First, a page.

Nokia has manufactured 10,000 Android smartphones under a contract with Foxconn, the Chinese Weibo blog Ctechnology reports. Ctechnology has proven itself somewhat reliable in the past, accurately reporting leaked images of the iPhone 5s in advance of Apple’s announcement last week.
The report claims that manufacturing and testing will continue at least until November, when the Nokia acquisition will be finalized.
The Nokia/Android smartphone is reported to be based on a Qualcomm 8225Q, a non-LTE system on a chip (SOC) designed to power high-volume, low-cost smartphones.
If this report is accurate, it means Android was more than a casual project by a few Nokia hackers. The explanation for this project could have its roots in the Nokia Asha feature phone based on the Series 40 software platform. Nokia has shipped more than 1.4 billion Series 40 devices.
Feature phones have been prey to low-cost Android smartphone upgrades. The Asha feature phone installed base is shifting to Android, so given the anemic success of Nokia’s Windows Phone, Asha users are defecting to other brands of Android smartphones. Nokia shipped 54 million feature phones in the second quarter of 2013, down 25% from the 73 million shipped during the same quarter of 2012. It makes sense that Nokia would want to keep a feature phone customer that was not a candidate for a Windows Phone-powered Lumia by offering a low-cost Android smartphone.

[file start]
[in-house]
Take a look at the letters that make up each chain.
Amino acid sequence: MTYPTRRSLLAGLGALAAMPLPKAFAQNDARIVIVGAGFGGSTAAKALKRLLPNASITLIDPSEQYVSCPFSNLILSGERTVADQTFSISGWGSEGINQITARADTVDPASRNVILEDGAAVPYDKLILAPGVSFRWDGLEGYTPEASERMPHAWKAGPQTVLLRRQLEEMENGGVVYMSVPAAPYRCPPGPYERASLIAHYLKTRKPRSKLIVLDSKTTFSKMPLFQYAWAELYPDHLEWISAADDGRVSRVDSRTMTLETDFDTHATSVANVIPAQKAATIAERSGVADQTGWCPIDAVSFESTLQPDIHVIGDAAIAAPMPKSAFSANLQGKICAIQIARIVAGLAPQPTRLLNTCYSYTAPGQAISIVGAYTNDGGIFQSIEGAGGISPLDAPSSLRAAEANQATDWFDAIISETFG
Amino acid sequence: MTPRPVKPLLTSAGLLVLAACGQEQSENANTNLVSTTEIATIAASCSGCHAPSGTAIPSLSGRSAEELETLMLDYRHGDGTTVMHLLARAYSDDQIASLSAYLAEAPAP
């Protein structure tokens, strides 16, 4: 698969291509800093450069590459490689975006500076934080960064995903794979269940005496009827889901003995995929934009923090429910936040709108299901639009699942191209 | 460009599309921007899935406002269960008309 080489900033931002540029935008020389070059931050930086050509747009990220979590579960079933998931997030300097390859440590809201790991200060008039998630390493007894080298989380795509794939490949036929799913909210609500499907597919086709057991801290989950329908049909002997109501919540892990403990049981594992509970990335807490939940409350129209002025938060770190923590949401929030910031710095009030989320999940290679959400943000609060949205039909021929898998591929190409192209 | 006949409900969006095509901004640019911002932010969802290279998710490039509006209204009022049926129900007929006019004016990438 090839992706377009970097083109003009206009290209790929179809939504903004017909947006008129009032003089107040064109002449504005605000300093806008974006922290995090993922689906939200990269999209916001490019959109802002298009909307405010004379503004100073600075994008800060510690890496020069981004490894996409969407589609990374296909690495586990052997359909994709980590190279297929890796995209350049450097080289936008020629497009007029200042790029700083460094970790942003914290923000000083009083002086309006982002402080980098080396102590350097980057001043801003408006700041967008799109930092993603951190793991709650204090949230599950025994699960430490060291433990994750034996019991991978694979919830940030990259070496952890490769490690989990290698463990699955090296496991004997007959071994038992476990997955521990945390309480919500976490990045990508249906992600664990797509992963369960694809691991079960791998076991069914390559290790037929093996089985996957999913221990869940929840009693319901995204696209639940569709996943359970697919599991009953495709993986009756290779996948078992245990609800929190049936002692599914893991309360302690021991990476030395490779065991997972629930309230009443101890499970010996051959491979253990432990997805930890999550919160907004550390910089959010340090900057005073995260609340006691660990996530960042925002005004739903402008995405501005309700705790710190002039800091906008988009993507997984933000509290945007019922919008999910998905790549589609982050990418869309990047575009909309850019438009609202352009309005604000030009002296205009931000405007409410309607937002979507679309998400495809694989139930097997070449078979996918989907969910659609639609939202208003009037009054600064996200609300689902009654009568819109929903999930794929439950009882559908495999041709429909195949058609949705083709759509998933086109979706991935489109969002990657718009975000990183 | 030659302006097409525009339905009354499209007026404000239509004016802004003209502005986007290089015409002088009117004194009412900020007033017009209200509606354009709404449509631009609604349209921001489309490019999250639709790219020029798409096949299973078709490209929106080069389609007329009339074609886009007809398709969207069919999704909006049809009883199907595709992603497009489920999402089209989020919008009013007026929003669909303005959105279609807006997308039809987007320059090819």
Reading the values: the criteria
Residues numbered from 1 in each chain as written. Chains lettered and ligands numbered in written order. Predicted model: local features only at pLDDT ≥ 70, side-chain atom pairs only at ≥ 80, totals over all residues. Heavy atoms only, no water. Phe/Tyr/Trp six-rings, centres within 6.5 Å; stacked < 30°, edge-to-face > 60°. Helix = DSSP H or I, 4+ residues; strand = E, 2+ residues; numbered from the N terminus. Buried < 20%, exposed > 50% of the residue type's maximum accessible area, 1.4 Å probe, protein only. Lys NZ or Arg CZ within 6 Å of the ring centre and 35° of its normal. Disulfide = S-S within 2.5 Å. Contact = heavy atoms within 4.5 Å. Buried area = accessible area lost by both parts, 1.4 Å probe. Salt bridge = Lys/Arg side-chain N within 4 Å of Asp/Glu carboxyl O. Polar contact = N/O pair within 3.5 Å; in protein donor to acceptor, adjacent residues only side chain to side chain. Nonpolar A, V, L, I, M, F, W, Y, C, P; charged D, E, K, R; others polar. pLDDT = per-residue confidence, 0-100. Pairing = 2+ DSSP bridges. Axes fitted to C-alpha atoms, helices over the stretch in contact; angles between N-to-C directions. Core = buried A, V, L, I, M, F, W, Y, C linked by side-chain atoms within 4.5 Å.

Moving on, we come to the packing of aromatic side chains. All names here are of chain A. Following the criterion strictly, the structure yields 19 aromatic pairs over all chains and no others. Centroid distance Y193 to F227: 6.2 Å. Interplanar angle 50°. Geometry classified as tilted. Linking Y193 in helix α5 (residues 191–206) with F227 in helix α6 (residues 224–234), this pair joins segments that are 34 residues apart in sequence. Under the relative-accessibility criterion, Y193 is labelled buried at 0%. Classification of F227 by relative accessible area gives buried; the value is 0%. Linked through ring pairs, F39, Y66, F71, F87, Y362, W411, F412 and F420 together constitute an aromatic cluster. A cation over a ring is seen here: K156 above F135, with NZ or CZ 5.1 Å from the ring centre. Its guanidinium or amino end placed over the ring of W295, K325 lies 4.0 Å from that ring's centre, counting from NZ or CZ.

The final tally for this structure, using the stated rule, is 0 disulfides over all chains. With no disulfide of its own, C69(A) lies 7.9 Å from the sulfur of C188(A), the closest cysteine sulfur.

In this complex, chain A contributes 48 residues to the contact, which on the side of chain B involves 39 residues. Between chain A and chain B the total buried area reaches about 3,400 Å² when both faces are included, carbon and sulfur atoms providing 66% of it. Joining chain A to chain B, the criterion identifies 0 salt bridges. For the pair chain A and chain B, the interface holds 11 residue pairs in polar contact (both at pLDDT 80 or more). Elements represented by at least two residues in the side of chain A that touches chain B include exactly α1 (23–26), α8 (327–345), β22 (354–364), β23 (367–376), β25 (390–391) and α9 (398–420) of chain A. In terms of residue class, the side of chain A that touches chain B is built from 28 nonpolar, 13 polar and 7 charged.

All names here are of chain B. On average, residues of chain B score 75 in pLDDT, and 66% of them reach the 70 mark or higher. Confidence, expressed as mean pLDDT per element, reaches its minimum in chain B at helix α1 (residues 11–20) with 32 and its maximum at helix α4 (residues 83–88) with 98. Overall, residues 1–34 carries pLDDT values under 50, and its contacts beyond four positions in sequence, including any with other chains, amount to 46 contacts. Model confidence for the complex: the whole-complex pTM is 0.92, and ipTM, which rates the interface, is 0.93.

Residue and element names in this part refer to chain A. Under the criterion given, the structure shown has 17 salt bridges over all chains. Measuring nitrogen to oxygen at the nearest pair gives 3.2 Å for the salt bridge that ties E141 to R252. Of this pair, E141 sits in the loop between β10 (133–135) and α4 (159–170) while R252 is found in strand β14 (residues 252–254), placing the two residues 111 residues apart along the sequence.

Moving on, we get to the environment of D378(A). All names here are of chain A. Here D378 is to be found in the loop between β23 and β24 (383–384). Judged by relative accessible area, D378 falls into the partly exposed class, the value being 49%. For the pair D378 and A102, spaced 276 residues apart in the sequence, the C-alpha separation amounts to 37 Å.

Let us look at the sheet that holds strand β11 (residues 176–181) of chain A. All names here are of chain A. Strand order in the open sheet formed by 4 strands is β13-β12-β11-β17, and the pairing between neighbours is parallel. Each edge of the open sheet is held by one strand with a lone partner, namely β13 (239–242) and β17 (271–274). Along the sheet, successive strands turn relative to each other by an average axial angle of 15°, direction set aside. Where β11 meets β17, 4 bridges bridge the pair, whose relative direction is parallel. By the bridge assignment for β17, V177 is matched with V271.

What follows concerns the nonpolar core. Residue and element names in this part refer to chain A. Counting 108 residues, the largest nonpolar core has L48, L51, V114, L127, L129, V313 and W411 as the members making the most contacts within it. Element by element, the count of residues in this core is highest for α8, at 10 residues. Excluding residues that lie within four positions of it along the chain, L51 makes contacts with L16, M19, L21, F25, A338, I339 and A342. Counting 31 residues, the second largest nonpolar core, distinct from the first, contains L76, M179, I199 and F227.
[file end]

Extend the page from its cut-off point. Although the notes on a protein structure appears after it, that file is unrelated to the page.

Anecdotally, I frequently hear the testimony of Android and iPhone owners who loved their Nokia phones. If the large base of Series 40 owners have the same sentiment, this Nokia-branded Android smartphone could be a success if it can be priced to attract the price-sensitive feature phone customers, a disproportionate share of whom reside in the developing world. The large-screen Lenovo Qualcomm 8225Q-powered A706 sells for under $200 without a contract, so Nokia should be able to deliver a cost-competitive Nokia Android smartphone.
What happens to the Nokia Android project now that Microsoft owns both the Lumia and the Asha brands? If it is possible to extend the Lumia line down to a price point where it is an upgrade candidate for the Series 40 phones, one would expect Microsoft to cancel the project after the acquisition is completed. It could also sell the Android designs and IP to another company without the Nokia brand name.
But what if there is a marketing or engineering obstacle to building a price-competitive Lumia that is a natural upgrade for the large base of Series 40 phones? Would it be better to keep these customers as Microsoft Android-branded smartphone customers, or lose the customer to another brand?